EA doesn't have to pay Madden creator millions after all [UPDATE]
Federal judge reverses ruling that would have paid original programmer Robin Antonick $11 million or more; EA's legal team "thrilled" by the result.
[UPDATE] Following the publication of this story, we received a statement from EA's legal team Keker & Van Nest on the decision.
"We are thrilled to see the claims resolved in favor of EA. It was the right result. As Judge Breyer held, there is no evidence that any of the Sega Madden games are virtually identical to the Apple II game that Robin Antonick programmed. The evidence also proved that EA's source code was not substantially similar to Antonick's source code. As EA has maintained from day one, Antonick was fully compensated for his work on the Apple II game. Because Antonick had no involvement in the Sega Madden games, he had no entitlement to further royalties."
The original story is below.
We are thrilled to see the claims resolved in favor of EA. It was the right result. As Judge Breyer held, there is no evidence that any of the Sega Madden games are virtually identical to the Apple II game that Robin Antonick programmed. The evidence also proved that EA’s source code was not substantially similar to Antonick’s source code. As EA has maintained from day one, Antonick was fully compensated for his work on the Apple II game. Because Antonick had no involvement in the Sega Madden games, he had no entitlement to further royalties.
Electronic Arts won't have to pay Madden creator Robin Antonick the millions in damages awarded to him from a jury last summer after all. The San Francisco Chronicle reports today that a federal judge overturned the ruling this week, stating that there was no evidence to prove that EA used Antonick's work without credit.
The ruling from U.S. District Judge Charles Breyer means EA does not have to pay Antonick the $4 million in damages previously awarded to him, in addition to interest that could have surpassed $7 million. EA was also spared from paying damages related to later versions of Madden titles, which could have been significant when you consider the franchise has sold more than 99 million units to date.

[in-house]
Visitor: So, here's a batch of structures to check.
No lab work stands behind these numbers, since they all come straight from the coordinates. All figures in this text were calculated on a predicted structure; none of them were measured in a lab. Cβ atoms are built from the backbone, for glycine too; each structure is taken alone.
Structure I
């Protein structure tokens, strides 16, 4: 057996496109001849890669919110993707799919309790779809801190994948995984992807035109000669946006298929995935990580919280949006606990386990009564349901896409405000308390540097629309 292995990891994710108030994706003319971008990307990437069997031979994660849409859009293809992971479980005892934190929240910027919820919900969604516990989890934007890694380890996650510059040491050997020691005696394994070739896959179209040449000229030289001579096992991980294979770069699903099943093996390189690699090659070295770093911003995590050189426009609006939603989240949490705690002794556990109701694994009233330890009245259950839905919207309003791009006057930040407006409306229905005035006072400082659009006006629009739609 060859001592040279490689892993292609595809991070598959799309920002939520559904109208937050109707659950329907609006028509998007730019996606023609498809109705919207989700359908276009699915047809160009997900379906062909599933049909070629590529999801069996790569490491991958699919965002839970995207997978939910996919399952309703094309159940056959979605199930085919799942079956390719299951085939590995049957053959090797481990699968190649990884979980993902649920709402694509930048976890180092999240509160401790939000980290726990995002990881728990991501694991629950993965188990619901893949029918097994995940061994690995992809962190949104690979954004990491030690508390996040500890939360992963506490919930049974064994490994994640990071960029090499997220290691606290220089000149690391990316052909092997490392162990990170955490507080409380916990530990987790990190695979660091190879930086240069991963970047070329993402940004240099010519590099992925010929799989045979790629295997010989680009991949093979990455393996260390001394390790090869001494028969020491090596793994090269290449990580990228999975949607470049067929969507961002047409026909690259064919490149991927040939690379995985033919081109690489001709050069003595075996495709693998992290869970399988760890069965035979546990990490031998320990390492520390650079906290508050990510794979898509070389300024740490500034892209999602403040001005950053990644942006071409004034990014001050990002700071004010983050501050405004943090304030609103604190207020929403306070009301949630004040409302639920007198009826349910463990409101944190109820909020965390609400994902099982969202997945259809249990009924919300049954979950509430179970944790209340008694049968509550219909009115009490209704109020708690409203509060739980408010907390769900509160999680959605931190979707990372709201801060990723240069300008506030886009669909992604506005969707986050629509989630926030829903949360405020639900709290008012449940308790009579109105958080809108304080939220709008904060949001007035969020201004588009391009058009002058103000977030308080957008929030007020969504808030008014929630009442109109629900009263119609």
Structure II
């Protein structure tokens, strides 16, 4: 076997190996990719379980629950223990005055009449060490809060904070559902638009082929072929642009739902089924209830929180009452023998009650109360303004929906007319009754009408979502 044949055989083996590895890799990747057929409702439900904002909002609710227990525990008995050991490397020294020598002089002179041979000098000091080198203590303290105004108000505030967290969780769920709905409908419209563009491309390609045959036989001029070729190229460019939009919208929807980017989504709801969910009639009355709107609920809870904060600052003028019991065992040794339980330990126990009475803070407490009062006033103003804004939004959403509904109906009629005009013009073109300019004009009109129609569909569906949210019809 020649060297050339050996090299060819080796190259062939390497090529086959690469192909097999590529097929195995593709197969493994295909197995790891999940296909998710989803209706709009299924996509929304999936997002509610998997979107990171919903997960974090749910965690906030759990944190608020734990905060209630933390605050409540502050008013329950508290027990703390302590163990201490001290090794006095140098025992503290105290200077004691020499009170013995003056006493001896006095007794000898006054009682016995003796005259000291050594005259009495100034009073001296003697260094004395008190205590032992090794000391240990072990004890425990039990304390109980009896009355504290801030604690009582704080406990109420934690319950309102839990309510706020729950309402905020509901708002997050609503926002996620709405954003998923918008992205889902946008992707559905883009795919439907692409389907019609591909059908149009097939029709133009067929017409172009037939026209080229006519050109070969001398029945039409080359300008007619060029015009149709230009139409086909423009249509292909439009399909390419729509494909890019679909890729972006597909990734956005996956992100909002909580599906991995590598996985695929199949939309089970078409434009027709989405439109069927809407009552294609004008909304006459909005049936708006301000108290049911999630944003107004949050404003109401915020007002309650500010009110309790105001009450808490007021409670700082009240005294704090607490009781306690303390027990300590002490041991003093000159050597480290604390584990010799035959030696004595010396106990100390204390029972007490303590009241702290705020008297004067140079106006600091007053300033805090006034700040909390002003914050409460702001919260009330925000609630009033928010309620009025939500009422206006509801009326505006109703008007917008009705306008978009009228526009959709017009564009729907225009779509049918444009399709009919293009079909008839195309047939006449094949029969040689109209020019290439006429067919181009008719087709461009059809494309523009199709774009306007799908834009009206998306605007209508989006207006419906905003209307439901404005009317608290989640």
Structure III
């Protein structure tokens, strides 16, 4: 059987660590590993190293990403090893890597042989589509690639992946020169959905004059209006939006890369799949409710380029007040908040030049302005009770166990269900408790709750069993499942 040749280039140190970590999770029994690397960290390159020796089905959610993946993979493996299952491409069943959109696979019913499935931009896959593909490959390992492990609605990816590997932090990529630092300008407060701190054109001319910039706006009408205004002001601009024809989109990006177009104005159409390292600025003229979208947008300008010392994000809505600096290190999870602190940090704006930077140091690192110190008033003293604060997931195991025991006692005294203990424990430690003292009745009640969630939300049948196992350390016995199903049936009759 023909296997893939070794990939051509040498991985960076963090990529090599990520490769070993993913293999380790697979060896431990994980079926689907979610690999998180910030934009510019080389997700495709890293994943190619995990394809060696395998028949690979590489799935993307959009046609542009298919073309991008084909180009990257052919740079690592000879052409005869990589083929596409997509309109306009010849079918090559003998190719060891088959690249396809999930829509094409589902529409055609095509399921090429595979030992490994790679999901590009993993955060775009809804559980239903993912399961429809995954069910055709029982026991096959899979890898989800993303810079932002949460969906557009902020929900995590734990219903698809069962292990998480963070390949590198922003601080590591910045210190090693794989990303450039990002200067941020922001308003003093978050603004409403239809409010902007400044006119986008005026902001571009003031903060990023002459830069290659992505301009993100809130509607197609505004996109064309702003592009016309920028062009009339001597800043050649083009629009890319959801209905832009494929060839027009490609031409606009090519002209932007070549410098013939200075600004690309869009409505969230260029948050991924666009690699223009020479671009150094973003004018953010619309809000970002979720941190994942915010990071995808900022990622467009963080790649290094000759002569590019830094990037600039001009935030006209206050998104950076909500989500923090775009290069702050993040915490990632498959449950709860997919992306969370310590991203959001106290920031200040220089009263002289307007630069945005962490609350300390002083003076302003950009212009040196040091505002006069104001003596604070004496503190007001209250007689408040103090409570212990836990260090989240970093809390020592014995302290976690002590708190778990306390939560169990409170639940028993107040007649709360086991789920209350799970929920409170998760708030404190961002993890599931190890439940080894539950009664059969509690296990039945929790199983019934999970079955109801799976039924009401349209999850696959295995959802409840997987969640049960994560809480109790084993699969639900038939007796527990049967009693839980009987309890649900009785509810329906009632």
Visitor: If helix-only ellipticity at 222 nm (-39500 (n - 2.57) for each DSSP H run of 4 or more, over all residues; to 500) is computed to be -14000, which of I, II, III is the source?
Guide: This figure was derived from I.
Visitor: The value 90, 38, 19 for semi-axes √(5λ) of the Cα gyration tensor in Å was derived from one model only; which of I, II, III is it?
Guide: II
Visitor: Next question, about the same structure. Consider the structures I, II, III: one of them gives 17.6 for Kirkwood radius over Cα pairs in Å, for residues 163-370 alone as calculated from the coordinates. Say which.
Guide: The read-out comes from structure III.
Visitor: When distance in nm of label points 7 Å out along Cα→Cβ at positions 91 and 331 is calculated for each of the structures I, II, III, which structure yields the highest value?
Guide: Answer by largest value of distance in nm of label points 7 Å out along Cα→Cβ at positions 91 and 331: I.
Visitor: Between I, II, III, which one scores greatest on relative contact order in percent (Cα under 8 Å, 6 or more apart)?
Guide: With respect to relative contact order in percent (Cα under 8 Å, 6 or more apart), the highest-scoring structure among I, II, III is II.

Antonick was paid for his work on the first edition of Madden NFL in 1988. But EA brought on a new programming team in 1990, claiming they "started from scratch," not using any of Antonick's original source code for future games.
Last July, a federal jury ruled that multiple EA Madden NFL games published between 1990-96 used similar plays and formations, and were "virtually identical" to the original Madden NFL Football game, so they must have been based on Antonick's code.
However, Breyer ruled this week that these jurors "had no basis for that conclusion" because they were never shown the games side by side, as he says the law requires for a verdict regarding copyright infringement. The jurors heard only from Antonick's expert witness, who explained that though later games added some new features, they were "essentially the same" and thus were based on Antonick's programming.
"Without the opportunity to view each of the versions (of the later games), the jury had no basis for evaluating whether the changes (the expert) addressed altered each subsequent game," Breyer said. As such, Breyer said there was "no evidence from which a reasonable juror could conclude that (the games) are virtually identical when compared as a whole."
Of course, Antonick's lawyers said they plan to appeal the ruling. "The evidence showed they used his source code without permission," attorney Robert Carey said.
According to the original lawsuit, EA and Antonick signed several contracts, one of which was a 1986 agreement that required EA to pay "royalties on any derivative works related to the original version of EA Madden, including current annual releases, and prohibits EA from using his confidential information."
The lawsuit claimed that EA had failed to pay "millions of dollars" in royalties owed and broke the confidentiality agreement as required by the contract.
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